For better or worse Gary’s my home
And I’d rather live in this left-over city
Than any suburb I know.”
Gary Postscript 1989” John Sheehan
In preparation for a talk about my Gary research interests, I’m going to stress how poems, journals, and oral histories have enriched my attempts to capture the city’s social history. For example, “City of the Century” (1978) cites over a hundred interviews I conducted, ranging from Johnny Kyle, Gary’ first sports star, to Mayor Richard Gordon Hatcher. “Gary’s First Hundred Years” (2006) contains poems by Carl Sandburg and John Sheehan, excerpts from the diaries of pioneer Albert Anchors and Red Scare political prisoner Katherine Hyndman, and journal entries by 2003 IUN students.
Photos by Jim Sullivan
On his “Places That Were” site, photographer Jim Sullivan shared over a dozen shots of Horace Mann School, which opened in 1928 and closed in 2004, calling it a monument to the lost prosperity of Gary. It was designed as a unit school with grades from kindergarten to 12 in accordance with Superintendent William A. Wirt’s work-study-play educational philosophy of learning through doing. Sullivan wrote:
I parked beside a crumbling brick apartment building in downtown Gary, Indiana. On a cold autumn morning, a few people were still asleep in nearby cars, a cruel irony in a city with so many abandoned homes. Across the street, a sprawling abandoned high school filled the horizon. Like the breathtaking ruins of City Methodist Church, which I had explored the previous evening, Horace Mann School was a casualty of Gary, Indiana's shrinking population. Several middle-aged couples walked laps along the track that stretched the length of the building.
The school was enormous, with a capacity of around two and a half thousand students. It originally consisted of three main structures that were eventually joined together. On the large plot of land in front of the school's main entrance, an existing ravine was transformed into a pond with several pedestrian bridges and a rock garden, giving it the appearance of a beautiful park. It was a popular location for picnics, fishing, and ice skating in the winter.
The school was named after Horace Mann, one of the most important reformers of the public-school system. He believed that a free society cannot exist without equal access to education and that schools should not be aligned with any particular religious denomination. Though controversial at the time, his ideas eventually became widely accepted throughout the United States. Many schools have been named in his honor.
In 1929 Horace Mann School had a student body of 870. By 1937, it increased to nearly 2400 students and 80 staff members. When enrollment grew to nearly 2600 in 1956, exceeding Horace Mann's intended capacity, the district decided to build an additional school on the southern portion of the property. John H. Vohr Elementary School opened in in 1958. Sadly, the pond was filled in to make room for a parking lot. By 2003, Horace Mann High School had only 546 students, roughly a fifth of its capacity. The final graduating class consisted of only 72 students.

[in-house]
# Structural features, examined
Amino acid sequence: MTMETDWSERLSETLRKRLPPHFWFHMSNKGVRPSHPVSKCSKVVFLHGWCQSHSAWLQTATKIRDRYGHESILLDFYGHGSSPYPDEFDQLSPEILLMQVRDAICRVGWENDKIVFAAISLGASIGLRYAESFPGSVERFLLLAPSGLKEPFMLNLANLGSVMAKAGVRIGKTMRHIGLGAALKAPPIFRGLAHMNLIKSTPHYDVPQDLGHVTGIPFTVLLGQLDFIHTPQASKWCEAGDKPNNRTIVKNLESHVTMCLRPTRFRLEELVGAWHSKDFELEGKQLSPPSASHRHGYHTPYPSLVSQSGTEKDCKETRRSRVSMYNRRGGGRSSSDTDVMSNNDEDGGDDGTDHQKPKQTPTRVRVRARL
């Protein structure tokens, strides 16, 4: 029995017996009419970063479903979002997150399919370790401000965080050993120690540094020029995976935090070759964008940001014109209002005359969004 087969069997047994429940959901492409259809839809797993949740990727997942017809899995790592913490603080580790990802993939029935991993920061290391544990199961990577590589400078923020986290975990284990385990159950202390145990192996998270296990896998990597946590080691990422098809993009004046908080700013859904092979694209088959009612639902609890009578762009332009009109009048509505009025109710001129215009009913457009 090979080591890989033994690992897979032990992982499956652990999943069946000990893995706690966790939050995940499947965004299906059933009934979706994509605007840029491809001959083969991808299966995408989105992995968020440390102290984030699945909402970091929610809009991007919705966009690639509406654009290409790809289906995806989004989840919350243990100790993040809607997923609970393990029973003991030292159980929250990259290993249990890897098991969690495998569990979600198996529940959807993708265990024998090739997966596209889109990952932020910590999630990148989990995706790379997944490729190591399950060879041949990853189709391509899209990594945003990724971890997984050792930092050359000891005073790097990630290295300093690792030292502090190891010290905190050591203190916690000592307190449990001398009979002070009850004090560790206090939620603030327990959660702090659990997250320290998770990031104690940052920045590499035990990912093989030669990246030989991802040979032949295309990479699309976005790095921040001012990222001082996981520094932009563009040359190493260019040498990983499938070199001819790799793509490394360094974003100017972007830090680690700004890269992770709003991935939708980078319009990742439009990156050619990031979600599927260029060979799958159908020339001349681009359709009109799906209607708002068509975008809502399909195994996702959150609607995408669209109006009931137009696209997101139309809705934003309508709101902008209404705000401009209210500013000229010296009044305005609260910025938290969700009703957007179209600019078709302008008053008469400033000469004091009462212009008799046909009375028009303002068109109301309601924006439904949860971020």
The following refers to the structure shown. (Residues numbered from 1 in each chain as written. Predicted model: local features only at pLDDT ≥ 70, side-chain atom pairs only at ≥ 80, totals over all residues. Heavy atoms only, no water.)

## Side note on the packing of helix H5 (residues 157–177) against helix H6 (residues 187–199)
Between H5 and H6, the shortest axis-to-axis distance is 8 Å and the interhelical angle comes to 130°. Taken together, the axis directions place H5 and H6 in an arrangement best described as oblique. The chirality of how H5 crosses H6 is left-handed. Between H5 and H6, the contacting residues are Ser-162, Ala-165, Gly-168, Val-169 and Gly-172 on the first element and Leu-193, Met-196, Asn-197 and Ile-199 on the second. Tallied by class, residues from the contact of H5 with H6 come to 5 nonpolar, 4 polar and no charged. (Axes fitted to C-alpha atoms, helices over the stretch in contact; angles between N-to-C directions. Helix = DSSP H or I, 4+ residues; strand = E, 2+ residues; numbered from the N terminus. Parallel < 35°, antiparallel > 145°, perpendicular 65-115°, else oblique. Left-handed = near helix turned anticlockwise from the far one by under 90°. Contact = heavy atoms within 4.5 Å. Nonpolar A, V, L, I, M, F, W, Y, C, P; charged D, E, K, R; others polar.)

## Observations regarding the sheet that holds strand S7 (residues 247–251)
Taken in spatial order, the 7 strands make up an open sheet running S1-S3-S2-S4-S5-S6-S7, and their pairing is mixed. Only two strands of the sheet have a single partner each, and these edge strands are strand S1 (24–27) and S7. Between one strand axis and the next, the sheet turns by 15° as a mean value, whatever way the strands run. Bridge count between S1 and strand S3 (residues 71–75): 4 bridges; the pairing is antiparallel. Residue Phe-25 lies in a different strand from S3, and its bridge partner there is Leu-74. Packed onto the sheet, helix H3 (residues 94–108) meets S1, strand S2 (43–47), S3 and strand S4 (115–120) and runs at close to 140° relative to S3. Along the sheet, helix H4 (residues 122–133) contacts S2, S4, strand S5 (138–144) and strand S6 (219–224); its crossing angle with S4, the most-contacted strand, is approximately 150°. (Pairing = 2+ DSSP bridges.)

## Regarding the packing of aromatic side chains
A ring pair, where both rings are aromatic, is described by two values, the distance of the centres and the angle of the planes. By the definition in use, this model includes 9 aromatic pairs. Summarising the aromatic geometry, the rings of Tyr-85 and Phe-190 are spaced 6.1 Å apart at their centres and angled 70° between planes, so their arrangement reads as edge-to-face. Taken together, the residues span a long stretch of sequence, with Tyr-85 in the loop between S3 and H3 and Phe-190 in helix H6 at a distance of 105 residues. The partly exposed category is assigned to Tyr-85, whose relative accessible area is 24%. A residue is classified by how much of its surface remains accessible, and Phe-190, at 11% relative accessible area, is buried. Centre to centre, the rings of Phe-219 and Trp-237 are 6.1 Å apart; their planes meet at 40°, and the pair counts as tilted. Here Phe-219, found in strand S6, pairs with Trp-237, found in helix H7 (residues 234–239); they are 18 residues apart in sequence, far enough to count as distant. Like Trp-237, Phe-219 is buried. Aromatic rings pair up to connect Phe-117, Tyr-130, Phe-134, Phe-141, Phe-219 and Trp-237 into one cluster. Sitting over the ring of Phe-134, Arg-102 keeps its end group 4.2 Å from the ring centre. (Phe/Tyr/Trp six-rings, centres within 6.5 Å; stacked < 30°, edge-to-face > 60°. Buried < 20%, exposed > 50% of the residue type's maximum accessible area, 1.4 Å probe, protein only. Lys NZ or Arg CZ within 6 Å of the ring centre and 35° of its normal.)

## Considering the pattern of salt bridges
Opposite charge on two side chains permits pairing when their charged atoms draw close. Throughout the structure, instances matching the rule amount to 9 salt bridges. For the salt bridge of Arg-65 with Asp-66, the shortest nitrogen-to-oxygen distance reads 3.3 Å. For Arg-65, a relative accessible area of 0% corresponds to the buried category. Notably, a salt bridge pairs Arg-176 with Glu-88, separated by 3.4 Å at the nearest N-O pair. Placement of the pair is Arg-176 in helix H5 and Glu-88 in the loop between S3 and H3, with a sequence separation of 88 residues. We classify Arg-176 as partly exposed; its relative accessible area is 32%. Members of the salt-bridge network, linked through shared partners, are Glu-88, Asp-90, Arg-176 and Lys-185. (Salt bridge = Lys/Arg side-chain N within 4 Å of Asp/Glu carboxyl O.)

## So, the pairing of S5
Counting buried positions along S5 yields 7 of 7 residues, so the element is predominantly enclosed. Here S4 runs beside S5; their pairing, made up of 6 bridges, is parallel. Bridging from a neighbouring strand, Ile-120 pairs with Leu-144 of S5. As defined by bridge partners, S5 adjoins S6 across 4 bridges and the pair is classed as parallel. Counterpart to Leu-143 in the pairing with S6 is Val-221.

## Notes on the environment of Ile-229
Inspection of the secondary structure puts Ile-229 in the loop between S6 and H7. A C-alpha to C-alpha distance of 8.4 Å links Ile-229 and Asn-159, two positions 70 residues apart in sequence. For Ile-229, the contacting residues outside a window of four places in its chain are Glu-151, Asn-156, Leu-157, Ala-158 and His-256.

It seems unlikely that the building will ever be put to use again. Vandalism and the elements have taken a heavy toll. There is a great deal of water damage in the basement. The floor of the gym is so heavily warped from moisture that a large section of it has risen up and buckled.
Princess Garvis (Scott) replied to Sullivan:
I am a graduate of Horace Mann, class of '93. I was born and raised in Gary, though I've since moved. I walked these very halls, used these lockers, watched many presentations in this auditorium, used the Science Labs, as well as classrooms. I'm heartbroken by it all, but the gym with the buckled floor brings tears to my eyes. I was a cheerleader all 4 years here. I cheered on this floor and watched MANY games. I know the young men who are the Champions on the gymnasium wall. I had P.E. and swam in these pools. I have yet to see Horace Mann's ruins in person. I have to say, I don't know if I'm emotionally ready.
Horace Mann grads I’ve written about include IUN Bookstore manager Ruth Nelson, radio and TV announcer Tom Higgins, Nobel Laureate Joseph Stiglitz, football star Joe DeSoto, and baseball star Dennis Cavanaugh. Mann sports teams were nicknamed the Horsemen.
I gave the new Steel Shavings to Alan Yngve and Charlie Halberstadt at duplicate bridge and got requests from several others after Charlie showed his off. Kris Prohl noticed a photo of the late Home Mountain Printing owner Larry Klemz, formerly her close friend. Charlie and I did well despite two low boards. In one hand, everyone passed; the opponents had more points than us, but every other East-West pair that bid got set. In another hand, Charlie preempted 3 Clubs, and East doubled. I held 8 Spades headed by the Ace, King, Queen, plus a lone Diamond and 2 Queen doubletons. I jumped to 4 Spades and lost the first four tricks, two in Clubs and 2 in Hearts. Other North-South pairs stopped a 3 Spades or, in one case, made 5 Diamonds (opponents must have opened with a Spade or Diamond lead). Charlie had 7 Diamonds headed by the Ace, King, the 10 and Jack of Spades, and, like me, losing doubletons in Hearts and Clubs.
Harold Hayden, figures at beach
Bridge opponent Marcia Carson, who was an Education Division instructor for many years, now teaches Art History both at IUN and Valparaiso University. I told her that during the 1970s, Toni had such a course from Harold Haydon, who had retired from the University of Chicago and was living in Northwest Indiana. After she told me how interesting he was, I audited the class.